Noise pollution in the office and productivity : the challenge of open spaces| Hangjian Chair

December 15, 2022

Noise pollution in the office and productivity : the challenge of open spaces

The health effects of noise pollution

It's not just an annoyance, though that's how it all starts.


Exposure to constant noise also has negative effects on health, of various kinds. Firstly, hearing problems, especially for people who spend most of their day on the phone.


In addition, according to a study by the University of Michigan (among others), there are problems linked to blood pressure and the cardiovascular system in general. The effect can be summed up as follows: noise irritates and stimulates the nervous system, which in turn releases cortisol (the so-called stress hormone) and speeds up the heart rate. The end result can range from circulatory problems to sleep disorders and recurrent headaches, among other issues.


And so we come to the psychological effect, which is closely related: excessive exposure to noise, for an extended period, often leads to cases of workplace depression or aggressiveness.

How to reduce office noise with the right design

There's no need to abandon the open-plan concept altogether to reduce noise pollution in the office. Design and good behavioural standards can be sure-fire weapons in your workplace arsenal!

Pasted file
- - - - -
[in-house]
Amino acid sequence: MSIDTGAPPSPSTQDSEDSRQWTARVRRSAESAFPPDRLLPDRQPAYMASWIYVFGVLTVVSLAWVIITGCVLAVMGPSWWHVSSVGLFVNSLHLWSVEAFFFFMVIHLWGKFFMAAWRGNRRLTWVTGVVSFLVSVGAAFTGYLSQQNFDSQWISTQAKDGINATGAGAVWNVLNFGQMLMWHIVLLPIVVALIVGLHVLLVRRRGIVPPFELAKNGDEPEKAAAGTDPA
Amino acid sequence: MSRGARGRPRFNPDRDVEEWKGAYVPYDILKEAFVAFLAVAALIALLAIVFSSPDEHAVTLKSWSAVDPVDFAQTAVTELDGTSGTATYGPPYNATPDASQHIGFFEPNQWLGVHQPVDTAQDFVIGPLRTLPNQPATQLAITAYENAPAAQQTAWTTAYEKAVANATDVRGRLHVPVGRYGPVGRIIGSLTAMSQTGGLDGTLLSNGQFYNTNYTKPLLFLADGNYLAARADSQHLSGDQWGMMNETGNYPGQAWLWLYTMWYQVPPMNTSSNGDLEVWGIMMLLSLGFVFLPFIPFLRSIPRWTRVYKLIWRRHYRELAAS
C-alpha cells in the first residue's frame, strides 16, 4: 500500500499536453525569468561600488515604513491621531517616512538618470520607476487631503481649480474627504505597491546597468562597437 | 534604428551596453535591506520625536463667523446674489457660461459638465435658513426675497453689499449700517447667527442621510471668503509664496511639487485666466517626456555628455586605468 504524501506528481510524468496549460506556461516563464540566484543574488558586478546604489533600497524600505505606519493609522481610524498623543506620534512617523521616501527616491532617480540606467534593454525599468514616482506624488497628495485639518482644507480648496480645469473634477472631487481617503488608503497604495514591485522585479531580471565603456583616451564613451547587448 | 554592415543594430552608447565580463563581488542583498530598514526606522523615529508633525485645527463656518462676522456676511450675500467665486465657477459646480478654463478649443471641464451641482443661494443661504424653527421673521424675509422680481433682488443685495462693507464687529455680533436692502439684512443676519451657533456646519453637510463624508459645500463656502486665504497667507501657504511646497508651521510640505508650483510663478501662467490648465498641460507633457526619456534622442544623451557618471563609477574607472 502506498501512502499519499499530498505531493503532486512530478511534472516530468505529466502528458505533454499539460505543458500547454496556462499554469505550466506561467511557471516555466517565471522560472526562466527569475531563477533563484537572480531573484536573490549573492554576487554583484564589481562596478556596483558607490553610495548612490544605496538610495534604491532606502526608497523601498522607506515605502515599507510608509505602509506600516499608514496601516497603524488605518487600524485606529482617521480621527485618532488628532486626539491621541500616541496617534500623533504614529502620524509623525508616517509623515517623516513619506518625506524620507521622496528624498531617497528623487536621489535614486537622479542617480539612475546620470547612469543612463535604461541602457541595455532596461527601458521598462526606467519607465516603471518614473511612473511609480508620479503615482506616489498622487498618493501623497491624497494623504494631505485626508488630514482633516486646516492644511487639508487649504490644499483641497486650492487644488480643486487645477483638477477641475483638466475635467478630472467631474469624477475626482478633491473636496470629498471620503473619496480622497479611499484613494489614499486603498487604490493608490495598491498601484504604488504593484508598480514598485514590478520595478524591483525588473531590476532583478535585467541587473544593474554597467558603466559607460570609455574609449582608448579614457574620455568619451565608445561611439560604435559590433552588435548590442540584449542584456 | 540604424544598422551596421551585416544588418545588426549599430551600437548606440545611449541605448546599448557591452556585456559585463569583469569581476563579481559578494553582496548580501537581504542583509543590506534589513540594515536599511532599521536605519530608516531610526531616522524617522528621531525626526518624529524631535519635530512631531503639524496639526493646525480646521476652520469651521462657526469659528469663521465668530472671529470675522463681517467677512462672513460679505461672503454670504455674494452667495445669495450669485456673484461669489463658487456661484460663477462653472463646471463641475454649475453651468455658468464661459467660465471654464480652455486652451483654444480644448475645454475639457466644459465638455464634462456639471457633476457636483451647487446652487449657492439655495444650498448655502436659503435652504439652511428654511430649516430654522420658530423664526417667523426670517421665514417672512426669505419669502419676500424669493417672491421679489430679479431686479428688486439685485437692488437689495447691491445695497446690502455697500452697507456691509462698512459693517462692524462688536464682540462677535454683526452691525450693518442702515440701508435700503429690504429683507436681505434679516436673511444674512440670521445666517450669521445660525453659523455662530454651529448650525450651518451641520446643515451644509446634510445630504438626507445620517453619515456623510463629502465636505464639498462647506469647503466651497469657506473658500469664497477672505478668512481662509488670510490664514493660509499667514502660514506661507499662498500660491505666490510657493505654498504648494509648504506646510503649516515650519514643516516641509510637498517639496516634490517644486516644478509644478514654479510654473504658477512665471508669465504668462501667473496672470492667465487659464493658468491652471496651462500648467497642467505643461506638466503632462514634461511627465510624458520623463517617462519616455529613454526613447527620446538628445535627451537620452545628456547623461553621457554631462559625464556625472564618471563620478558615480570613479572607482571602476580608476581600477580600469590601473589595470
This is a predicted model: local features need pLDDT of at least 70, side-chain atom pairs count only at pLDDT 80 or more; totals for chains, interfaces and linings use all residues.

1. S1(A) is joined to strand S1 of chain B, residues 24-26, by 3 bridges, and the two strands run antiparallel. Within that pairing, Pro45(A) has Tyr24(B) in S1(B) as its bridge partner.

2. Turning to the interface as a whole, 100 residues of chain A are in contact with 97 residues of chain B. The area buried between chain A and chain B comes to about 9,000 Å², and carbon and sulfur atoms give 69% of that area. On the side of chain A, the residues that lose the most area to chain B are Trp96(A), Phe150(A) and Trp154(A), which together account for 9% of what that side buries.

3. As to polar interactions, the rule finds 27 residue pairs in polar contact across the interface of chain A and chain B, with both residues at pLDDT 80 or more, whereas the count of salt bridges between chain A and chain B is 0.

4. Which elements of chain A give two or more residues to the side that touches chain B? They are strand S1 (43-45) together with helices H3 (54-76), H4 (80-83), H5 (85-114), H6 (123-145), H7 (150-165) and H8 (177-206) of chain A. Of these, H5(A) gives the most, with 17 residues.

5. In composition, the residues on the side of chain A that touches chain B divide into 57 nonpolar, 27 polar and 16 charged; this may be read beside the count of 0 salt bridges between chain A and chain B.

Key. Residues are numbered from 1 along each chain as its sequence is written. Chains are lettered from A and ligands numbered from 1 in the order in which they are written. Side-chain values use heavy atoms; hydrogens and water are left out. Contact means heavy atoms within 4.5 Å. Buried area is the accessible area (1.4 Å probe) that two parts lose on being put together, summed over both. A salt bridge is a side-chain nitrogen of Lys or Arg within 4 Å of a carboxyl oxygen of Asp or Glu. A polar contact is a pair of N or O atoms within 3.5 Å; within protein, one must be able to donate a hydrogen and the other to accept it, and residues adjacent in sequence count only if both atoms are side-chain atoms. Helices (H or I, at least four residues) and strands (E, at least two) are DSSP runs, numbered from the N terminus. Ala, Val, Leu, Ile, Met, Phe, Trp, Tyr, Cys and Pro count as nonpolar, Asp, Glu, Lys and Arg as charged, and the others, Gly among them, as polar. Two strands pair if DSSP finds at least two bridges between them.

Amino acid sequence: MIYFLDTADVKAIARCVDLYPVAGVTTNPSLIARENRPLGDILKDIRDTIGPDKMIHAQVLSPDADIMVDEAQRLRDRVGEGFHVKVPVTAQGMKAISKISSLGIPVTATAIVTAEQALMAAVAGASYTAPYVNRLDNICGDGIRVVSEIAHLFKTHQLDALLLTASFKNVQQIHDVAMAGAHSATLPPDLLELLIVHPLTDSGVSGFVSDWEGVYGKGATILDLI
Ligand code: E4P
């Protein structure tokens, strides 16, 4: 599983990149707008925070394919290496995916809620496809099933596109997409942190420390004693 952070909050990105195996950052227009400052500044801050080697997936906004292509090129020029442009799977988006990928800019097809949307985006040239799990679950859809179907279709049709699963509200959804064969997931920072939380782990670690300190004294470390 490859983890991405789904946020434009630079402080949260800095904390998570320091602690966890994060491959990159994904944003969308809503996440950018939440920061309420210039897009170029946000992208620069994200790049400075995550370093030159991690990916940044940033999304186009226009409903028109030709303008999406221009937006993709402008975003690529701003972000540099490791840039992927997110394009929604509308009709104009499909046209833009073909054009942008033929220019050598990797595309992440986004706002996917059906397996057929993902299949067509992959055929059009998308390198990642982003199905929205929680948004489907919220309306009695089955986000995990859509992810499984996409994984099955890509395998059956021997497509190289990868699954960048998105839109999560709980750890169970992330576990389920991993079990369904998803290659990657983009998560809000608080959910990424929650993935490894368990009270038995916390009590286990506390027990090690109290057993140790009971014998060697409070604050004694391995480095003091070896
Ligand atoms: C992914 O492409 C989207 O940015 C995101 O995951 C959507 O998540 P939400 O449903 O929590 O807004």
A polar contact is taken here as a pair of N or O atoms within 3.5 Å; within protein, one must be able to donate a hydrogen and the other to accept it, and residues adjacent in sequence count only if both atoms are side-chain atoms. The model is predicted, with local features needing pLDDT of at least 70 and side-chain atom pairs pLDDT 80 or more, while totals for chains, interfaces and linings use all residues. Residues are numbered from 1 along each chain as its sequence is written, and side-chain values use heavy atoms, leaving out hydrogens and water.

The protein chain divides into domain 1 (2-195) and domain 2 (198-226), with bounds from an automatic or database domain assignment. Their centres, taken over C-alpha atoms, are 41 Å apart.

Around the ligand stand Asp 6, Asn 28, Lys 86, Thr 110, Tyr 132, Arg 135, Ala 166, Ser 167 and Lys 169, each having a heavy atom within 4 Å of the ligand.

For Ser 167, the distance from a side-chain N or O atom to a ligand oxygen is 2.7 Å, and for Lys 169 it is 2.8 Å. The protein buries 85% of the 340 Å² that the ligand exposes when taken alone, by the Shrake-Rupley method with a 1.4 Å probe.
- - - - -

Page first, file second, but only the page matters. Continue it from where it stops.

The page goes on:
Here are a few tips.


Create quieter spaces by using partition walls. Individual offices are clearly at an advantage from this point of view (solitude has its plus side!), but even meeting rooms can be a solution sometimes: when they're not in use, they can be a great place to escape to for some quiet time and to "recover" from the barrage of noise, even just for a few minutes.


Upholstered leather executive chairs, swivel conference armchairs and office reception area chairs have a positive impact on the room's acoustics.


Partition screens help limit noise and have an added advantage: their presence often inhibits the constant chattering between one desk and the next.


Listen to your co-workers' ideas: mutual respect for each other's work is a good starting point. Sometimes, all it takes to improve the situation is lowering your voice a notch!


If you're designing a new space, work from the floor up, and don't overlook the ceiling: certain materials can deaden noise in the room.

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